Roberto Benigni

Roberto Benigni is one of my favorite film makers.  Like many great comedians he is at his best directing and acting in his own films.  In 1999 his tragicomic film, Life is Beautiful earned him an Oscar for best actor, and a nomination as best director.  I will never forget his reaction to winning, when he was the first and only winner to literally jump to the top of the seats as shown in this clip.

On IMDB, he is credited with this quote about Charlie Chaplin:

Charlie Chaplin used his ass better than any other actor. In all his films his ass is practically the protagonist. For a comic, the ass has incredible importance.

I love his verbal delivery and energy. If you were to read them as text, think how much would be lost from listening to him. Here are two interviews with him for you to learn from.

In Praise of Funny Voices

For many years my focus has been on visual and physical comedy, like that found in old silent movies.  But recently I learned a good lesson about the value of voice in a character.

One evening I went to the Circus Center in San Francisco, to watch a performance of students in their Clown Conservatory.   It is interesting to watch novice comedians, because it is such a contrast to professionals.  The pros have done their acts perhaps thousands of times.  They have everything down, and proceed with a natural ease.  The students are clearly working hard.  In that regard, none of the students stood out.  But one of them did snag my attention.  It was because of her voice.  Her voice was a little funny.  I hardly recall what she said, but the unusual quality along with her delivery and timing helped to separate her from the group.

Here is a little piece of trivia I tell my students who are choosing a clip of dialog to animate to:  the word “personality” comes from “persona”.  The root words are “per” which means through and “sona”  which means sound.  Personality comes through the sound of the character.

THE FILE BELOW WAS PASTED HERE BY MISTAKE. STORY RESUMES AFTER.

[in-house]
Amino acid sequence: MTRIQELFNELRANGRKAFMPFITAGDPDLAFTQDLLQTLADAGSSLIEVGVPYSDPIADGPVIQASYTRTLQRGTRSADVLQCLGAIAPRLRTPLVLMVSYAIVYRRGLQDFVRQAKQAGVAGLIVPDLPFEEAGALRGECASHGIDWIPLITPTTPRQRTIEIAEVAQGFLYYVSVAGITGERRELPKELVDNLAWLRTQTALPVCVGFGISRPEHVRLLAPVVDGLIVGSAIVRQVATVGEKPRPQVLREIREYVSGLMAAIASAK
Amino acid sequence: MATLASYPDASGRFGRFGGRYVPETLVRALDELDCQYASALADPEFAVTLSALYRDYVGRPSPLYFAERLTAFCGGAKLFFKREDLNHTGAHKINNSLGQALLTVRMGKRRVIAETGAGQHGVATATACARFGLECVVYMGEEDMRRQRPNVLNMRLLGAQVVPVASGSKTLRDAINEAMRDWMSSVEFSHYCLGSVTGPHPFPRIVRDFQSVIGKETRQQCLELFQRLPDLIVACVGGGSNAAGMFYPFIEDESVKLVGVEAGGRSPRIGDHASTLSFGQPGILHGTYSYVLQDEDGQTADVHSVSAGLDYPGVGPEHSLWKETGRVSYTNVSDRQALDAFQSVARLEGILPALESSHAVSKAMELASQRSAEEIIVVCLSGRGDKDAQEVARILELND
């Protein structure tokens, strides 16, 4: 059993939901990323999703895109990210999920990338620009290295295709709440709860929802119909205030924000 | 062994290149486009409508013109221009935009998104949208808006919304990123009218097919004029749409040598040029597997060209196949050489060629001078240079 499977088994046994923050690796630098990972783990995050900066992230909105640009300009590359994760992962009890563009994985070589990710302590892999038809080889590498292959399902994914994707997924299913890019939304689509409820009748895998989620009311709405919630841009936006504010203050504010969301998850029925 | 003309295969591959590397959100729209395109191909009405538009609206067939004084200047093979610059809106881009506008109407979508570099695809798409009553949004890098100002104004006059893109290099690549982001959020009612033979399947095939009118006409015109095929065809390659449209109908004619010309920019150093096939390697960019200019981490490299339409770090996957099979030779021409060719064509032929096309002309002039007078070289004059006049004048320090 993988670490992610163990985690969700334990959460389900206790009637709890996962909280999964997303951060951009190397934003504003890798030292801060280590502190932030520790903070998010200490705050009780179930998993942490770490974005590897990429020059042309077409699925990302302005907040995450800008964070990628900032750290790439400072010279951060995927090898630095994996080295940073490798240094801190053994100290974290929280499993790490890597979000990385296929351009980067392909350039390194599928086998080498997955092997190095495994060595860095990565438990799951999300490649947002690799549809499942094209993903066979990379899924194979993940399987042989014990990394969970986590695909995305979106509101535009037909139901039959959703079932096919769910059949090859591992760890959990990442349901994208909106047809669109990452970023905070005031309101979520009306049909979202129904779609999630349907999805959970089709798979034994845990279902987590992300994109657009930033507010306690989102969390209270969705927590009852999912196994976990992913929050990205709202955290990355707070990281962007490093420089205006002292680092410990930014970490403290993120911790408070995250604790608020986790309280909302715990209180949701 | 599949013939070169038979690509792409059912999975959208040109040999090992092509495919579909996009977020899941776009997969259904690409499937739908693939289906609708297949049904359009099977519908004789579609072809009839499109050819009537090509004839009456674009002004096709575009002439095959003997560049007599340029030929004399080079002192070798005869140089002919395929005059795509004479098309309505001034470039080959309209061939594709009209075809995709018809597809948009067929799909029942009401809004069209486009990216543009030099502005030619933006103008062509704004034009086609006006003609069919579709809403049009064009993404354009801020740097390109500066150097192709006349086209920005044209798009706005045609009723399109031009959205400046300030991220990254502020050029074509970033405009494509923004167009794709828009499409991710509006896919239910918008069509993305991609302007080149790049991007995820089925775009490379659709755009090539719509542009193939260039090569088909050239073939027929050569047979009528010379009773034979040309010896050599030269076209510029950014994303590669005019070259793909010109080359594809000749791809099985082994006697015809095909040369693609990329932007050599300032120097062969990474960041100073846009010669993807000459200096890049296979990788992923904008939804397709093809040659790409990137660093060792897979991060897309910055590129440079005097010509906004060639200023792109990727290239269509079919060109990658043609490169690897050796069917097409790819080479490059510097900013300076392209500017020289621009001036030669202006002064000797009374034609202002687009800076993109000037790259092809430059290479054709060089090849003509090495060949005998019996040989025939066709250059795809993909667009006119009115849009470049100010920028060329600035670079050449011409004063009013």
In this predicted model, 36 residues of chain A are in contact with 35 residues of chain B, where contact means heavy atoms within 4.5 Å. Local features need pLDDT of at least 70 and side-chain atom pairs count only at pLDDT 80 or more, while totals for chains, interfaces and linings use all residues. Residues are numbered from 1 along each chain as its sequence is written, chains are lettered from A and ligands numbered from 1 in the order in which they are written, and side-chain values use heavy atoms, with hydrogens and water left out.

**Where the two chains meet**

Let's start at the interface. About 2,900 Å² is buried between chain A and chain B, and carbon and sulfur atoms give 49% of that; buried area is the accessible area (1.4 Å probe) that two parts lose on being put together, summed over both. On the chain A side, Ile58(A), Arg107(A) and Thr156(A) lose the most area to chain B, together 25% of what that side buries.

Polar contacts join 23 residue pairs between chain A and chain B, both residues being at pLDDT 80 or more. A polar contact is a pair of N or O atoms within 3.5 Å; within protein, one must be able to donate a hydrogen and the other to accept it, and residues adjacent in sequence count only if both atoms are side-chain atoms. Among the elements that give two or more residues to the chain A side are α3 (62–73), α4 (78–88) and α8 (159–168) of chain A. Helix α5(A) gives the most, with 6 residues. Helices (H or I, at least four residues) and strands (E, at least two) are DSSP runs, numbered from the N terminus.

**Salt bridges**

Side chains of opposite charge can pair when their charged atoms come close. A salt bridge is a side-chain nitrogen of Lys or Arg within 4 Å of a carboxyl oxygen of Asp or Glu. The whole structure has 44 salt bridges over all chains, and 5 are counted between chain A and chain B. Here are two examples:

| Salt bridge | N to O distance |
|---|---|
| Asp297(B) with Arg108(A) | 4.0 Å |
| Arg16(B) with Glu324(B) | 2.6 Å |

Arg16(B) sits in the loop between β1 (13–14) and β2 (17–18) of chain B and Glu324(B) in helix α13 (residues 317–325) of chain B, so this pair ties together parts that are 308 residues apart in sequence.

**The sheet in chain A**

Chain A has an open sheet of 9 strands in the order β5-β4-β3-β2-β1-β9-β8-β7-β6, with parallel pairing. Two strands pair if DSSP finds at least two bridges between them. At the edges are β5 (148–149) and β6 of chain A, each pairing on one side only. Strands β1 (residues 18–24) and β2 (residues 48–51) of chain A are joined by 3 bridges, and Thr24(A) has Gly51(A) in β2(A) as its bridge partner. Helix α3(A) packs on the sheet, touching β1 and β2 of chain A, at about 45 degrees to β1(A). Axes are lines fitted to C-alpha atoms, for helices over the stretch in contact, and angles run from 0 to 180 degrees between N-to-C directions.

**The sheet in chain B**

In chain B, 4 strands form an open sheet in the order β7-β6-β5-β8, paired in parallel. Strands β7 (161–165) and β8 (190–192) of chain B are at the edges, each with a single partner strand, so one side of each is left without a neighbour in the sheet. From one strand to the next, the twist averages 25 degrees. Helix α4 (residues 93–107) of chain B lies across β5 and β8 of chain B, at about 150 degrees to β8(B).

For animators involved in dialog exercises, like 10/11 second club stuff, I would recommend putting some serious thought into the voices, perhaps even more than what is being said.  Many dialog exercises use clips from movies, featuring regular actors with regular voices.  It would be worth finding some voices with real character.  We all have to admit that Mel Blanc was a major contributor to the success of Looney Tunes.


Wild Lines: The Art of Voice Acting by CarlStallingEnthusiast

Disney Acting Reference for Alice in Wonderland

Here is fantastic bit of acting reference from the production of Disney’s Alice in Wonderland, featuring the greats Ed Wynn, and Jerry Colonna.  More evidence of what great comedic actors can bring to animated charaters.  Look at this reference, and compare it to the recording booth videos of big name stars we see today.   These men get in costume and use their full talents.  The Youtube title says they used the actual audio from the reference.

The poster image for the clip shows a split screen comparison of Jerry Colonna and the March Hare.  I notice they followed the basic hand gesture he used, but changed their relative position in order to get a better silhouette.

 

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